KPIs should be chosen based on what will ultimately best help to prove the program’s success, making the case to management for further investment and expansion in the Women’s Market.

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Regional Best Practices

Latin America


In Latin America and the Caribbean, a great deal of advertising and marketing portrays women using very traditional gender stereotypes. Local market research revealed to Banco BHD León that this messaging was not resonating with women, and they preferred to be represented in ways that depicted them more realistically – as they actually were or as they aspired to be. The bank’s branding and advertising for its Mujer Mujer program took this into account, attempting to avoid stereotyping and speaking to the actual needs and preferences of women in each of four sub-segments: salaried employees, professionals, heads of households and SME owners.


Financial Solutions

Across Africa, many very small enterprises operate in remote locations that are far from bank branches. FSPs in the continent are deploying a variety of innovative digital solutions to reach them. Access Bank in Nigeria and NMB Bank in Tanzania are both leveraging mobile and direct-to-door agent banking models, with the latter also making use of shop owners as points of sale. Access Bank is also a leader in credit assessment innovations, with some of its subsidiaries using hybrid credit assessments and/or psychometric testing. The bank is also working on a low-interest loan for women SME owners under its W Initiative Women’s Market program.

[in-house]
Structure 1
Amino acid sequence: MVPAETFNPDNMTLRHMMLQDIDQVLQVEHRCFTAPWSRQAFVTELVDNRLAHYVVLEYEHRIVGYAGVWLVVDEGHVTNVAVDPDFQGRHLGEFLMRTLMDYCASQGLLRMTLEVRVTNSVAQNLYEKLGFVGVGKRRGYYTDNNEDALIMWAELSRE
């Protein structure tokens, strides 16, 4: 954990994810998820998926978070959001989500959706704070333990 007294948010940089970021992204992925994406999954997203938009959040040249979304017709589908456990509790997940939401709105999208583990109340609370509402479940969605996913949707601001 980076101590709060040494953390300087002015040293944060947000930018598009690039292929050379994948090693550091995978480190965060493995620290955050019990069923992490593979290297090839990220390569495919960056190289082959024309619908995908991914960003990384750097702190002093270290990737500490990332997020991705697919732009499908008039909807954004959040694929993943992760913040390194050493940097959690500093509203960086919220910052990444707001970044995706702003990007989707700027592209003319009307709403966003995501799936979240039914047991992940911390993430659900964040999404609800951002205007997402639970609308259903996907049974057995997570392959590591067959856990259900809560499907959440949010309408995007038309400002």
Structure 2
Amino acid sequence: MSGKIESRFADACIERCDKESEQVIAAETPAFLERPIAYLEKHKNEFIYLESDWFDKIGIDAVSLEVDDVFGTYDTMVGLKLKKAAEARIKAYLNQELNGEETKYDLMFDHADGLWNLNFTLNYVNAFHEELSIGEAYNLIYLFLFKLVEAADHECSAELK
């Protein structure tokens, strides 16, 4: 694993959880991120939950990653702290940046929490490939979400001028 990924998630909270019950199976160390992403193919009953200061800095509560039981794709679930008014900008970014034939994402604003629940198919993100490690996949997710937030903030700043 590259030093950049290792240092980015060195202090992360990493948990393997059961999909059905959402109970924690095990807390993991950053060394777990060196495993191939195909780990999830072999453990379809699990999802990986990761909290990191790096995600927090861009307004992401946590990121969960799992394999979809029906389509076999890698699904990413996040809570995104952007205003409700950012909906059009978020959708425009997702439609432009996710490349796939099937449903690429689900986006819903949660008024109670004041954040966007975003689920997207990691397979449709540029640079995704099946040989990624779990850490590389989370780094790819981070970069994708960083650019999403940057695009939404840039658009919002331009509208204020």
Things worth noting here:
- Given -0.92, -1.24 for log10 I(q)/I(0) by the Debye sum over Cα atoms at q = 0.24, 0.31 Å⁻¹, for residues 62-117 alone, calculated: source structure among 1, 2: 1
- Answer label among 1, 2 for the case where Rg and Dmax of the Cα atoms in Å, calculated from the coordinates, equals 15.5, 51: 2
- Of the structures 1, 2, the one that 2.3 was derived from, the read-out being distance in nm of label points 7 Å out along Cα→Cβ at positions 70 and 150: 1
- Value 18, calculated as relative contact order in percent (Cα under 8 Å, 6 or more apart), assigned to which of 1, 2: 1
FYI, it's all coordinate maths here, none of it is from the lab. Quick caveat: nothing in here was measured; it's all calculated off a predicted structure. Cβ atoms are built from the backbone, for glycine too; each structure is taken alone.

Internal Alignment

HBL in Pakistan is operating in an extremely male dominated society with deep-rooted patriarchal value systems. To ensure both men and women across the bank’s branches and at every level understood the value and potential of the Women’s Market for the bank, HBL worked with IFC to implement Gender Intelligence training. Following the training, there was a measurable increase in gender awareness and support for women at the bank. Those who were trained also showed a 9 percent increase in intention to sell more to women, and branches whose managers took the course outperformed untrained branches in terms of women’s deposits by a significant margin.

Middle East

Non-Financial Services

BLC Bank has been supporting women entrepreneurs in Lebanon with critical non-financial services since 2012 via its We Initiative program. The bank holds a variety of educational seminars for women business owners and has become known across the country for its annual Brilliant Lebanese Awards, which offer recognition for achievements and boost the business profiles of nominated entrepreneurs via months of multi-channel media coverage – from social media and blog posts to television interviews and commercials – culminating in a televised awards ceremony with cash prizes. The awards, which feature Woman Entrepreneur of the Year as a key category, also help to create role models for other would-be women entrepreneurs in the country.